One of the more unexpected discoveries from my excursion to play cricket in Quebec (more on that another time) was the system that a social cricket club had developed to address the frequent scoring discrepancies that threatened to derail games. They had, in effect, re-invented linear scoring. The umpire was given a clipboard and blank bowling record. Provided he/she filled it in, the teams would then have two records – one by the umpire, one by the book scorer, and errors could be detected. Most importantly, the final score could be agreed without undue wrangling.

It’s such a simple idea that it must already be in use elsewhere. Nevertheless, I liked this idea so much that I’ve adapted the core idea for use in my club, Haymakers CC, during its social fixtures. As a strategy in casual cricket, it has a lot going for it. Appoint one bowler’s end umpire (i.e. somebody who knows the LBW law), and one striker’s end umpire. Give the latter the job of maintaining this A6 size bowling record. The advantages are myriad:

  • It allows every over, and indeed the entire innings, more or less, to be reconstructed.
  • It gives the fielding side access to the score on the field when the scoreboard inevitably falls behind.
  • It makes the role of the striker’s end umpire a bit more interesting.
  • It means the striker’s end umpire can’t avoid keeping count of the number of balls in the over.
  • It starts to introduce players who fulfill this role to the scoring symbols.
  • It finally satisfies Law 3.1 (two scorers are thereby appointed) and Law 3.2 (runs, wickets and overs are recorded and can be meaningfully cross-checked).
  • It relieves the bowler’s end umpire from keeping score (some do, some don’t).

The downside is, of course, that it does make the job of striker’s end umpire more involved. Yet it will be worth it for the time and aggravation it’ll save down the line. Whole overs won’t go missing (not that that’s ever happened – ahem).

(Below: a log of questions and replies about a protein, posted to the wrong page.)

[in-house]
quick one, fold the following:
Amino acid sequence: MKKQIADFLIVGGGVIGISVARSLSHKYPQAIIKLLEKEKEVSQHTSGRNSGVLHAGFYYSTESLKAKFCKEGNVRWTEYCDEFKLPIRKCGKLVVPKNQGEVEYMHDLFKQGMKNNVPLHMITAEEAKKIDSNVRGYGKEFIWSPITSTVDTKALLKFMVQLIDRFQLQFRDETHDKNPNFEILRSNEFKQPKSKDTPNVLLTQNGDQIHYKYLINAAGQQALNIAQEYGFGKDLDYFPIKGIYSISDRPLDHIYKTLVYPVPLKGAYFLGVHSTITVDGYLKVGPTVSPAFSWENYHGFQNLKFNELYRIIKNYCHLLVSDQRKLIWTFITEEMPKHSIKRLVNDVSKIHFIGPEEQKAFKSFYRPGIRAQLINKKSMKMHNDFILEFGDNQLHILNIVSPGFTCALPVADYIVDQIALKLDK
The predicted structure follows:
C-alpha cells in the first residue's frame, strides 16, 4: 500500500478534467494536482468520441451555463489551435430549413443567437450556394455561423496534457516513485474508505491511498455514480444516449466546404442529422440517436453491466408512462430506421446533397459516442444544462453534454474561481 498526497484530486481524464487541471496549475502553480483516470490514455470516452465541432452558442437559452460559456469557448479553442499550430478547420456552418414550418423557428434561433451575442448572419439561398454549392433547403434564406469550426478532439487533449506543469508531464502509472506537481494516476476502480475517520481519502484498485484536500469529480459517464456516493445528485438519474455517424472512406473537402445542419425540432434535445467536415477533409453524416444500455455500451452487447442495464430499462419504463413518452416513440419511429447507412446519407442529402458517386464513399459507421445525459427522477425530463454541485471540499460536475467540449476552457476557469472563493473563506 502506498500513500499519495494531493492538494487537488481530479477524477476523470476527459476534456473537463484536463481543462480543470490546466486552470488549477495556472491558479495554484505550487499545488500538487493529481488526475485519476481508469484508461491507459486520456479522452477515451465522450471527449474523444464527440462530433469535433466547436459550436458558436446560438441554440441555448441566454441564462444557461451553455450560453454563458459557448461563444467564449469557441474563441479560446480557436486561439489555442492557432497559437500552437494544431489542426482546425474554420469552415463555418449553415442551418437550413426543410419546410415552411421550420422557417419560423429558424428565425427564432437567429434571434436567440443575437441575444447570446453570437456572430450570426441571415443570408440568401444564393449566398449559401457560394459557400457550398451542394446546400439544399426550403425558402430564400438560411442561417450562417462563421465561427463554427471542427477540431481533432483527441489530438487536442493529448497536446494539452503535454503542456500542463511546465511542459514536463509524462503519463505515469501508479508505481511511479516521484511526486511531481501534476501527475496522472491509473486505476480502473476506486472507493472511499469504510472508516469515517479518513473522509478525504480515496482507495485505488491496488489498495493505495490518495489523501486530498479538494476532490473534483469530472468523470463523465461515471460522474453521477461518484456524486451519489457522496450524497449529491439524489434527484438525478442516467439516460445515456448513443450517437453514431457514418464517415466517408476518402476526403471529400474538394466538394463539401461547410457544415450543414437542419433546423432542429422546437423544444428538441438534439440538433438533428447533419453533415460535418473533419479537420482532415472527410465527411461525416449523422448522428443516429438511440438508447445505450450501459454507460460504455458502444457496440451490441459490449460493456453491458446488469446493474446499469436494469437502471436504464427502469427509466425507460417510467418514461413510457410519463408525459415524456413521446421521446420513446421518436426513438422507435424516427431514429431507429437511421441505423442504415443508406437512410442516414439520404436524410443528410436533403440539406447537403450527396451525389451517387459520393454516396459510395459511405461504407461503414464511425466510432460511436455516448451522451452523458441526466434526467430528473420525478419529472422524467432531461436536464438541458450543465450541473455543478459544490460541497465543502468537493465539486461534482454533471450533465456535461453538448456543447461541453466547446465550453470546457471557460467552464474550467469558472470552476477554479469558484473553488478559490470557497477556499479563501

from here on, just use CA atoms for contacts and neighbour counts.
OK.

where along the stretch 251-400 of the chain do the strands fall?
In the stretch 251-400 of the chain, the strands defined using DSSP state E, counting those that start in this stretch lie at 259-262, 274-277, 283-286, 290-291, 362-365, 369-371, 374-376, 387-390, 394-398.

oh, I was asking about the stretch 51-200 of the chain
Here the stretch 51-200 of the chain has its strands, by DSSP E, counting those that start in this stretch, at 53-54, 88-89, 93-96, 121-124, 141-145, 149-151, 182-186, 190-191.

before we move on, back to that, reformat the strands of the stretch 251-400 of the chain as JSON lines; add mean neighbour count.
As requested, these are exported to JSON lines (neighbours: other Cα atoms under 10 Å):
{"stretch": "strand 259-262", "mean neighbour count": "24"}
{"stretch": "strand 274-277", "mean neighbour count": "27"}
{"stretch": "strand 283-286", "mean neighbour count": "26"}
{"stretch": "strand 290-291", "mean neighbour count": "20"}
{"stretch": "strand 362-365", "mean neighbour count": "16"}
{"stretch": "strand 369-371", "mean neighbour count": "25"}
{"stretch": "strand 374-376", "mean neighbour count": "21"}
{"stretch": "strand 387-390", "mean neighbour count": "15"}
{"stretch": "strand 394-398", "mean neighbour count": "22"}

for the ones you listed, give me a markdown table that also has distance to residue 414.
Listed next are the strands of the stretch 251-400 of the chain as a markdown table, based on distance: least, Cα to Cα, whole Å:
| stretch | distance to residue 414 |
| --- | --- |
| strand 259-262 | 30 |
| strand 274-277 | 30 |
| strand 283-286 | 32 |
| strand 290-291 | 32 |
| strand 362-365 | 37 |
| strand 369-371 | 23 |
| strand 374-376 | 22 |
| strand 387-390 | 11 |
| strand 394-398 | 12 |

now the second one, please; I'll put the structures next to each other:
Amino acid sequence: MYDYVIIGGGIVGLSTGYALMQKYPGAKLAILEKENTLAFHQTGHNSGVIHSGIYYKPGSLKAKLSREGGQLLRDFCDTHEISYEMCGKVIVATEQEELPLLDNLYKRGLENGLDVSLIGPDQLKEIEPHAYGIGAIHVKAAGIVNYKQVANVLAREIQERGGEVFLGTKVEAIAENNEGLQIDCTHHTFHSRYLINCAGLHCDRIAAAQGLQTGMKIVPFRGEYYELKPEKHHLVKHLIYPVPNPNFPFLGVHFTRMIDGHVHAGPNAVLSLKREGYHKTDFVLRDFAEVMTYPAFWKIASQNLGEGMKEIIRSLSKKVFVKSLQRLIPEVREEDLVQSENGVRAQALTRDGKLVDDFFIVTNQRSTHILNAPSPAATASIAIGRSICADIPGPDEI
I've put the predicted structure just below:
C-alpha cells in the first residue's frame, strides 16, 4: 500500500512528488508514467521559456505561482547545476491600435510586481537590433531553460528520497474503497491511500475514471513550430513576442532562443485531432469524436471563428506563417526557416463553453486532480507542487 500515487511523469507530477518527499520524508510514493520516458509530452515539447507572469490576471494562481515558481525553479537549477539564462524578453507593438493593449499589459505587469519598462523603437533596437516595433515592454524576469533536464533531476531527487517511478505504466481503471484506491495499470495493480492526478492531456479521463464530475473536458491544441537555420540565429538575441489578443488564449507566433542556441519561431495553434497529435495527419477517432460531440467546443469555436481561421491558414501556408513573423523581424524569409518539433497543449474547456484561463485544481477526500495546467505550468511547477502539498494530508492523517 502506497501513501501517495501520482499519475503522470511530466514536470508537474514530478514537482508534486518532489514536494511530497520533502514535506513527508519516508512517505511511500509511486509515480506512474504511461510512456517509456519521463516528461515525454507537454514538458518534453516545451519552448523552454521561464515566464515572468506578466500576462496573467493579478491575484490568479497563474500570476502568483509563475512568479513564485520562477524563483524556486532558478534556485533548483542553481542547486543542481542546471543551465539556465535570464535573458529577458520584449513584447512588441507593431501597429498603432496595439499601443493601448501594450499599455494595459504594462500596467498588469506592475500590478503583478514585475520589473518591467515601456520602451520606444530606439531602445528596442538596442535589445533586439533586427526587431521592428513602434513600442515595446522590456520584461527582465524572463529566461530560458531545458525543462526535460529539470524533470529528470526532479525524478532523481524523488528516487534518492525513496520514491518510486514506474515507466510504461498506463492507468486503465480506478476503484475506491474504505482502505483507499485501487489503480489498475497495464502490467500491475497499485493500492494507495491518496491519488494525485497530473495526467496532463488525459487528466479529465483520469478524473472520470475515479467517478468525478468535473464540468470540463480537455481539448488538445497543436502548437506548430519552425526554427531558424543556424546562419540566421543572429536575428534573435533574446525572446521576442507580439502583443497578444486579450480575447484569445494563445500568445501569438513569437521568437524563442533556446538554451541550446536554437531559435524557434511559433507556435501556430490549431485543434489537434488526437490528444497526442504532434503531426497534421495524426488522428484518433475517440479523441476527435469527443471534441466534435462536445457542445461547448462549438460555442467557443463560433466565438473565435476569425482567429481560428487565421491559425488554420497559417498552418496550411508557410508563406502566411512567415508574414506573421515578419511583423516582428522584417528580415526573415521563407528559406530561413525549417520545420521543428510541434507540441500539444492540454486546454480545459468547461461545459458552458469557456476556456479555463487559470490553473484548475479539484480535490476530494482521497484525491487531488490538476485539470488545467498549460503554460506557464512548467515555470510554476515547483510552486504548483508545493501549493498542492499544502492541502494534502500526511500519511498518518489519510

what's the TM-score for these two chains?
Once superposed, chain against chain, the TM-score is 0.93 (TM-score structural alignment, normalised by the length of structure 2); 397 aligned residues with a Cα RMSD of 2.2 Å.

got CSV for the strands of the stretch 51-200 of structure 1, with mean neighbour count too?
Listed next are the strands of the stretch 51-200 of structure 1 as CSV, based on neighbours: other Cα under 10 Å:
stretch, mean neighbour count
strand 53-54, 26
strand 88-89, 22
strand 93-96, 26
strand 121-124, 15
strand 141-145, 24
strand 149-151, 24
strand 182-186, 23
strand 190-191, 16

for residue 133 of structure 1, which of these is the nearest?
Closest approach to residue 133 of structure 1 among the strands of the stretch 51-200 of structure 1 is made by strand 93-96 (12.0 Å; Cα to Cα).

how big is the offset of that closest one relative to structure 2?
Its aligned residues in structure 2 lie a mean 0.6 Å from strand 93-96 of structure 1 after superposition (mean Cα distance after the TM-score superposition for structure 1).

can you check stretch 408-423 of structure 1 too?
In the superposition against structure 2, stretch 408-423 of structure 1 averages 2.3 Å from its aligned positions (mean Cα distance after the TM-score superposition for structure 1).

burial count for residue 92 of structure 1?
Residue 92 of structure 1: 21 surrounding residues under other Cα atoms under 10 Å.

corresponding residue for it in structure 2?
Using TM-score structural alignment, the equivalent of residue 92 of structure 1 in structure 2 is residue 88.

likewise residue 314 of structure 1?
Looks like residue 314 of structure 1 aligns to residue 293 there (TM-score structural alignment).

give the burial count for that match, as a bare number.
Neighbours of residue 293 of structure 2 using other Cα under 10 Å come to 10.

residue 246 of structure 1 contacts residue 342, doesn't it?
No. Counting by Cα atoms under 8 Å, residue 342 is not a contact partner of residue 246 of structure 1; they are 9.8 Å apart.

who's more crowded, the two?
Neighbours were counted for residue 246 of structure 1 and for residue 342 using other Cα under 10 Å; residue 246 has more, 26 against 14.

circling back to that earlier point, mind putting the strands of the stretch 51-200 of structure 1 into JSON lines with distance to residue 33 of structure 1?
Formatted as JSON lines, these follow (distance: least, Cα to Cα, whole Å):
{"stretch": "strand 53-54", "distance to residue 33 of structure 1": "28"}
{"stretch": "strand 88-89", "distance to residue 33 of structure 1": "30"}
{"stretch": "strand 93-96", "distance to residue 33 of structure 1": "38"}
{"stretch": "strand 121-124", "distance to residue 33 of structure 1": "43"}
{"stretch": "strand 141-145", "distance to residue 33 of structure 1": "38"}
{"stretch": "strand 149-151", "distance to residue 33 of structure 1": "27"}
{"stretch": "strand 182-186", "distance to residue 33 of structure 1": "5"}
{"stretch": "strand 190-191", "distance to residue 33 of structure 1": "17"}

Here is version 1 of my Square Leg Scoring record. It includes:

  • A row for each over (maximum of 30)
  • A box for each delivery
  • A space to record an identifier for the bowler (whether name, number, initials, hairstyle, or something else)
  • Columns for the over total and the running total
  • Two features for those new to the job:
    • A quick reference guide to scoring symbols
    • A couple of example overs

The underlying format is an Excel spreadsheet. Each page covers 30 overs. You can print it at A4 if you wish, but my strategy is to print 4 to the page, as shown in the PDF version. This can then be folded twice to leave an A6 size sheet. Add pencil and backing board (time to source an A6 clipboard), and your Square Leg Scrumpire / Striker’s End Umporer is ready to sally forth and tally.

I intend to hone this in light of user feedback, and to that end I’d be interested to hear from anyone who uses this, or a similar system, as to how it might be improved.

Special thanks to Angus Bell of the Pirates of the St Lawrence CC for the inspiration, and the welcome to cricket in Montreal.

DRS: power to the players, not the umpires

The pitch at Trent Bridge was so lifeless that it almost succeeded in even deadening the interminable drone about DRS that always seems to accompany any high-profile series. With England—India, though, DRS is always a handy fallback topic, thanks to the BCCI’s continued intransigence on the subject. N Srinivasan stated in December 2012 that “We don’t believe the technology is good enough”. With the increased powers that the BCCI has in the ICC, the cry of the casual, unsuspecting fan on Twitter that the ICC should force the BCCI to accept DRS is laughable.

Nevertheless, there is some talk that India may be coming round to the idea, although naturally not officially. The BCCI’s increased power may, curiously, encourage them to engage in some goodwill gestures. They now have the money; they can afford to be generous, and bask in the glow of their magnanimous actions. We’re not “a bully”: look at how reasonable we are in being willing to listen and yield to the rest of the ICC on DRS.

A key point is that accuracy of ball-tracking has improved drastically since its inception. Mike Selvey, a self-described sceptic, has been won over by this. Martin Crowe, who expresses the opposing view well, has not.

Both Crowe and Selvey suggest, however, the possibility of beneficial changes to DRS. Crowe is unconvinced of the accuracy of the predictive path, and would prefer abandoning that part of the system. Selvey, by contrast, is impressed with the apparent accuracy of current technology, and toys with the possibility of taking the DRS away from the players and into the hands of the third umpire. Furthermore, it has been suggested that this may provide the BCCI with a way to save face, should they feel it necessary.